2006 Sugar Bowl
West Virginia stunned Georgia early in a Sugar Bowl that was played in the Georgia Dome in the aftermath of Hurricane Katrina.
The Mountaineers opened up a 28-0 lead behind a massive performance from running back Steve Slaton, who posted two eye-popping 52-yard touchdowns of his own on the day.
However, even after taking an uppercut to the jaw early, UGA kept fighting back. Kregg Lumpkin notched the Bulldogs' first touchdown, and Thomas Brown followed suit with a fantastic run.
On a take up the middle, he appeared to be bottled up, but he miraculously broke free to the right. He then showed off some impressive speed, accelerating past several WVU defenders who appeared to have tackling angles.
His 52-yard touchdown scamper was a major part of UGA's gutsy comeback.
West Virginia ended up making one more play in a 38-35 win—but more on that later.
2000 Sugar Bowl (BCS National Championship Game)
In a pulse-pounding national championship tilt, Florida State jumped up early on Virginia Tech.
However, with Michael Vick at the helm, the Hokies wouldn't go away so easily even after falling behind 28-7. Vick showed that VT wouldn't give up without a fight on a phenomenal play in the second quarter.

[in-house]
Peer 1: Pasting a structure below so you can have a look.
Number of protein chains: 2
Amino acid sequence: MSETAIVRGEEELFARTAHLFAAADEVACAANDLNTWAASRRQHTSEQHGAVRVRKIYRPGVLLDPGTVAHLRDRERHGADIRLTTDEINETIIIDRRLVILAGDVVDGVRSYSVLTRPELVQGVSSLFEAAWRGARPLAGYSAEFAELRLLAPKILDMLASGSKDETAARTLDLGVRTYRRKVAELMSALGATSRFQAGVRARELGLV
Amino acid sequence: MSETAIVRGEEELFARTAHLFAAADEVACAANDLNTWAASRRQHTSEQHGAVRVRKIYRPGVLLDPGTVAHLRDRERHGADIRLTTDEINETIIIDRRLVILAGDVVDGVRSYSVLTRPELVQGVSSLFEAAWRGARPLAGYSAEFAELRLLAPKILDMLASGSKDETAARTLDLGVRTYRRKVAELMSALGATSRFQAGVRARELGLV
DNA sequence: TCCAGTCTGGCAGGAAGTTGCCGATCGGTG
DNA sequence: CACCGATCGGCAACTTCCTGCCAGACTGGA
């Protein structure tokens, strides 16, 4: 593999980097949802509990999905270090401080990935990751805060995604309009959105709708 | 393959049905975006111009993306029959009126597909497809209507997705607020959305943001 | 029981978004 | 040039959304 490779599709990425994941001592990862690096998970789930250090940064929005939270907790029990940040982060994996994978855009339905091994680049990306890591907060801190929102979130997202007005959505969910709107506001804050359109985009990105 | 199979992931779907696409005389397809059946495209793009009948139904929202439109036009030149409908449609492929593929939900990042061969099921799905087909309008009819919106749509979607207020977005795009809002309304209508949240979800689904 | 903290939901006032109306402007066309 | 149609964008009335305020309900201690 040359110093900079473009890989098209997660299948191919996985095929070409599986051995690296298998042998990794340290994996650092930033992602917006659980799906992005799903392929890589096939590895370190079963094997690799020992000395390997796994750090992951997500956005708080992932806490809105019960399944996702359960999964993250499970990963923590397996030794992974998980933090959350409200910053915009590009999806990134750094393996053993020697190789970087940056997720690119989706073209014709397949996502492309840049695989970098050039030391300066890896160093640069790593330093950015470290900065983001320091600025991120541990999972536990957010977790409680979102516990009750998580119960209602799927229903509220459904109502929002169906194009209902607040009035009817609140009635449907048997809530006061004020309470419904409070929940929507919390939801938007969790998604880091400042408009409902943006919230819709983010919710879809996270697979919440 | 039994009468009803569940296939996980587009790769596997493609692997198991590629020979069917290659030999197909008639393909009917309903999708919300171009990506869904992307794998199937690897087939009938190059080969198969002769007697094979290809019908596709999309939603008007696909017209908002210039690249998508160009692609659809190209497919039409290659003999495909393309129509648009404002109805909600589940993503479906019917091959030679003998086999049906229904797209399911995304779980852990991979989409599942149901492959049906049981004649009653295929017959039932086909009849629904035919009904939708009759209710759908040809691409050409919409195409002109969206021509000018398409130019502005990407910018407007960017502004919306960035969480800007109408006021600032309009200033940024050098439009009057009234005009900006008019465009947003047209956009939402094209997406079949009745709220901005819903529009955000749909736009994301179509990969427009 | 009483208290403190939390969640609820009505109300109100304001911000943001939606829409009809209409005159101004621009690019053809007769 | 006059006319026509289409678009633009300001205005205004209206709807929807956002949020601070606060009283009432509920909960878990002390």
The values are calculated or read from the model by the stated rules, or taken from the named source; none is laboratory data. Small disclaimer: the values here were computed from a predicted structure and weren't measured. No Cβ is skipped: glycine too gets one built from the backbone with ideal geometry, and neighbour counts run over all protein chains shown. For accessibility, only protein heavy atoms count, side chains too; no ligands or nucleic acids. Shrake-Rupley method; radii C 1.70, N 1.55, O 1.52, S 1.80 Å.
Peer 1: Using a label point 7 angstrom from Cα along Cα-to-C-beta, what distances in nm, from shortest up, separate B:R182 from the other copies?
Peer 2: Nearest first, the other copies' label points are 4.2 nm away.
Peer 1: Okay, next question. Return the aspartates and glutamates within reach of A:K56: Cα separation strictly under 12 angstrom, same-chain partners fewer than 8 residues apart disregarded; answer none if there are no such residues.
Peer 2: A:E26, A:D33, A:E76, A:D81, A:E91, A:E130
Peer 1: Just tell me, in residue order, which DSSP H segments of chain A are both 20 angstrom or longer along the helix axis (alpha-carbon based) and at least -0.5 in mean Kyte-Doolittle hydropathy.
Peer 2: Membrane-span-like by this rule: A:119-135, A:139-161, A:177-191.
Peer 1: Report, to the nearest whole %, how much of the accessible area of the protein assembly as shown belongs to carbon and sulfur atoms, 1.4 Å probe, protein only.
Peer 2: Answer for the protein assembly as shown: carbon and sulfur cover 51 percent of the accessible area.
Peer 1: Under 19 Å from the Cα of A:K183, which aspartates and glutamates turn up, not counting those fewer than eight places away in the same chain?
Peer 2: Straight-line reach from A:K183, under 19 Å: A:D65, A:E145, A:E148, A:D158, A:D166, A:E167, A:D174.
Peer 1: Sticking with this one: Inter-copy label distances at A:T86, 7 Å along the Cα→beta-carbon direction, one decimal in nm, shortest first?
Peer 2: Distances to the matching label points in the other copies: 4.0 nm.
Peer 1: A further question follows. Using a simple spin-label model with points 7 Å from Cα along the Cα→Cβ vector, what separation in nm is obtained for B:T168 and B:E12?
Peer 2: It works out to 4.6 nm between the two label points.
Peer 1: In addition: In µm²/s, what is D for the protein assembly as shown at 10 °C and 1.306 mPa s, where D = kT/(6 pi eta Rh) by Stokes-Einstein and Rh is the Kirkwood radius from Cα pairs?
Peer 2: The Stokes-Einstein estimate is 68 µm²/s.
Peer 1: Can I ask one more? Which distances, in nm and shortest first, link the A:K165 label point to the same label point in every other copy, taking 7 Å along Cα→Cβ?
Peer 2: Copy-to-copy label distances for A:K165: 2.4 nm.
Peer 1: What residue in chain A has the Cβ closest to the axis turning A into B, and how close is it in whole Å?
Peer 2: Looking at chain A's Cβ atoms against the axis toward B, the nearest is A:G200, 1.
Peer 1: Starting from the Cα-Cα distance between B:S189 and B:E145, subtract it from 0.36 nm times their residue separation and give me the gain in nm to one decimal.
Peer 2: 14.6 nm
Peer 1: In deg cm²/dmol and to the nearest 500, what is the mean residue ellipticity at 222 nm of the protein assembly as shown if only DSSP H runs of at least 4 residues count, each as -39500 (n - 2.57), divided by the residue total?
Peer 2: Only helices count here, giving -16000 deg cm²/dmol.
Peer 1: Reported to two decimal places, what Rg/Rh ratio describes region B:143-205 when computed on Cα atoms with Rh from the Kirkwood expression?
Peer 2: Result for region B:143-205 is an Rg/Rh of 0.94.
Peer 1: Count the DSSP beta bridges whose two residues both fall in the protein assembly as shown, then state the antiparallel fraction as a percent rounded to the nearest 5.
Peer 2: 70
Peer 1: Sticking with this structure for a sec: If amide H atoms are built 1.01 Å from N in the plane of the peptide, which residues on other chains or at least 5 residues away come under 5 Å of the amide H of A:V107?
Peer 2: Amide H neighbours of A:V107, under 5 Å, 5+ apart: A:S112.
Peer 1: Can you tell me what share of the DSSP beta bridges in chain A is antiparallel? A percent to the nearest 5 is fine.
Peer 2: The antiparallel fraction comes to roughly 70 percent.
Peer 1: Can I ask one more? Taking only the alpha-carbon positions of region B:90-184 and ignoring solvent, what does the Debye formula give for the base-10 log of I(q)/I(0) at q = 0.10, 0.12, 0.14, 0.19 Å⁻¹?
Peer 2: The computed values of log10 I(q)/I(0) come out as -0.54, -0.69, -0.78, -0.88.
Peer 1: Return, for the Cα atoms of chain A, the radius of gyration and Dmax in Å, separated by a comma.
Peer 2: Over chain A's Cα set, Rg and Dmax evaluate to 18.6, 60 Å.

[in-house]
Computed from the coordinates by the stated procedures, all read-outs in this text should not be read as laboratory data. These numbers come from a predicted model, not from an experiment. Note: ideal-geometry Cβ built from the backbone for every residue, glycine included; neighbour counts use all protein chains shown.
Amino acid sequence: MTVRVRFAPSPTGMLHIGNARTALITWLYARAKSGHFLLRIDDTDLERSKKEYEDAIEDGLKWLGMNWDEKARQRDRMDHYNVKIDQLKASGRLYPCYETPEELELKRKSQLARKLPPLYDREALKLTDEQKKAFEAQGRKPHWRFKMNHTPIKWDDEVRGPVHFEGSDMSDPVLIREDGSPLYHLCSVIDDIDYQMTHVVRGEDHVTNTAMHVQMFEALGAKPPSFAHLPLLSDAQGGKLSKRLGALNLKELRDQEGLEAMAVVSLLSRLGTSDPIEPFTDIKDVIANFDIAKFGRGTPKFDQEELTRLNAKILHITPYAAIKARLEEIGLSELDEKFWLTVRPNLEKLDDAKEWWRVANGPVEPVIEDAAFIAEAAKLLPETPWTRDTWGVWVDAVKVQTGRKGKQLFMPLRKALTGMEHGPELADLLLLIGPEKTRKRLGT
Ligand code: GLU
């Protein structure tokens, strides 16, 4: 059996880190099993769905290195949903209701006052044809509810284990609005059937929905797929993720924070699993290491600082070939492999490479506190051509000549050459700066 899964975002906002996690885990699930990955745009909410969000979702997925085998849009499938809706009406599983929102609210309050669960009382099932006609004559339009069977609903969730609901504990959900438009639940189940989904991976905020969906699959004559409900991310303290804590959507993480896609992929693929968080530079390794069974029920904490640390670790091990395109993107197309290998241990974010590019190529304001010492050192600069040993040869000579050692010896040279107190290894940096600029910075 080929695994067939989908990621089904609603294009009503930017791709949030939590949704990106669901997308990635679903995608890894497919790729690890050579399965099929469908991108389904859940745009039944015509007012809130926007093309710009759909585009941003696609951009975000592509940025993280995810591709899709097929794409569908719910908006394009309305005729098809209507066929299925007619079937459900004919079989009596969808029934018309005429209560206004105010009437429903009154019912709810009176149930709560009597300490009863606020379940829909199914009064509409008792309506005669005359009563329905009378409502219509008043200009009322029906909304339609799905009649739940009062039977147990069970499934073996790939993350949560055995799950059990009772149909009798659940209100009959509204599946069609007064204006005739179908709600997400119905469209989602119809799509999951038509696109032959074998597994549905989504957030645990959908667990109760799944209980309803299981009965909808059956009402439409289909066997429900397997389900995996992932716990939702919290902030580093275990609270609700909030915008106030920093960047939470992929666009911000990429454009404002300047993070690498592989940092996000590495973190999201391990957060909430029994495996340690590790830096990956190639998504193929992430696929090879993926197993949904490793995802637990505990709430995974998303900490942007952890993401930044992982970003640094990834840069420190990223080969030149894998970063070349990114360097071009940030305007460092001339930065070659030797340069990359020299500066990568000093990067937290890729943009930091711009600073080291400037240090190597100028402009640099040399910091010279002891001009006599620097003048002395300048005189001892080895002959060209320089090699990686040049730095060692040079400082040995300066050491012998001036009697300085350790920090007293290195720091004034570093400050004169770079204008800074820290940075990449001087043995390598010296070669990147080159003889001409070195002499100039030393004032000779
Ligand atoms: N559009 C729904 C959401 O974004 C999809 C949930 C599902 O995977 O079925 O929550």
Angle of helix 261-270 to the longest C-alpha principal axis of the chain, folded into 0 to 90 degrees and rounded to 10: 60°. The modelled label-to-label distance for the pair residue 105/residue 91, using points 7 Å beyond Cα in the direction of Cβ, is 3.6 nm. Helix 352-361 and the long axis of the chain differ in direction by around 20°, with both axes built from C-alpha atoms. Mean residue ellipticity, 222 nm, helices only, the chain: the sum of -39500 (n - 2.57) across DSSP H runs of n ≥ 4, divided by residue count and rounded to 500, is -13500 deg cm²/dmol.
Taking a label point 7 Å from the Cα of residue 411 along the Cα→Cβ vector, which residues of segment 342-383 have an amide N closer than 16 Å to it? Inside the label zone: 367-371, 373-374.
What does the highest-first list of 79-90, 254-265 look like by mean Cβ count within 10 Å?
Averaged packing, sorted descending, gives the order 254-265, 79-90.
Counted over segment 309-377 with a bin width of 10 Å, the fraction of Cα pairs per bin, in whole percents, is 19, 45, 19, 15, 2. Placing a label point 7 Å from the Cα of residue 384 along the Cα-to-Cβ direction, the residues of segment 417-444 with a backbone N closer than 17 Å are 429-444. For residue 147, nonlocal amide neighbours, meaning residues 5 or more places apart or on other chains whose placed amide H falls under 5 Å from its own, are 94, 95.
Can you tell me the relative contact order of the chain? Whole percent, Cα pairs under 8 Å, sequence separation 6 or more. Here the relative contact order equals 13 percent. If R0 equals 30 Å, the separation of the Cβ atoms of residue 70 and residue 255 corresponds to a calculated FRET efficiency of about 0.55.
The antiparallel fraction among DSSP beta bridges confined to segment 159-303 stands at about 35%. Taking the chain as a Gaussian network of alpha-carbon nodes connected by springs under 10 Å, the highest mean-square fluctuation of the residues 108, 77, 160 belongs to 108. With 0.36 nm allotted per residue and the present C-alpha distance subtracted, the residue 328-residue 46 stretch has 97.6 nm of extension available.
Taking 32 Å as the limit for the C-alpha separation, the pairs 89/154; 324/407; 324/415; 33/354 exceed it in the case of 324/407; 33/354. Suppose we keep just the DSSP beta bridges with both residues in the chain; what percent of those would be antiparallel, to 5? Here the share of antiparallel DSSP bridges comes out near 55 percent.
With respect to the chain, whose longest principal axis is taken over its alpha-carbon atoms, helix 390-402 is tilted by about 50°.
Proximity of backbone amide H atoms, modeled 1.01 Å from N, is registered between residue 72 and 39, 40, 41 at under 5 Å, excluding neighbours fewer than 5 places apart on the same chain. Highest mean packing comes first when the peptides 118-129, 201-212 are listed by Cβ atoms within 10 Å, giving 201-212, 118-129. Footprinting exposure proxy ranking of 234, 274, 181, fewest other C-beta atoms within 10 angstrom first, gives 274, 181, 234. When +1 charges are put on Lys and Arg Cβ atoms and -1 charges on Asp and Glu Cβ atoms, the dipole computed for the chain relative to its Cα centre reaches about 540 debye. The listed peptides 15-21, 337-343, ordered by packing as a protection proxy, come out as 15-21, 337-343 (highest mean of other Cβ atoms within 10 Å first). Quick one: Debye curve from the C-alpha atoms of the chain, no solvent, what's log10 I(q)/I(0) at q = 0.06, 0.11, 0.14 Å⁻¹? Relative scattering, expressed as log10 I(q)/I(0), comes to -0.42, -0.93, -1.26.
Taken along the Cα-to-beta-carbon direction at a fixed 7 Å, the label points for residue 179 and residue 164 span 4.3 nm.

Florida State took an early start on one play and nearly sacked Vick because of it, but the future No. 1 overall pick spun out of the tackle and did what he does best: improvise.
He scrambled right, then cut back and ran away from the FSU defense for a 43-yard gain. A few plays later, he punched in a three-yard score to put the Hokies within two touchdowns.
They would continue that rally in the second half and take a brief 29-28 lead. Florida State took over late in a 46-29 win.
2007 Sugar Bowl
LSU's 41-14 rout of Notre Dame didn't provide much room for game-changing plays, but JaMarcus Russell delivered what proved to be the dagger in the third quarter.
With Notre Dame still hanging around, down just 27-14, the Tigers were driving late in the third quarter.
Russell stepped up in the pocket to evade a sack and made a play worthy of the No. 1 overall pick that he would garner in the NFL draft just a few months later.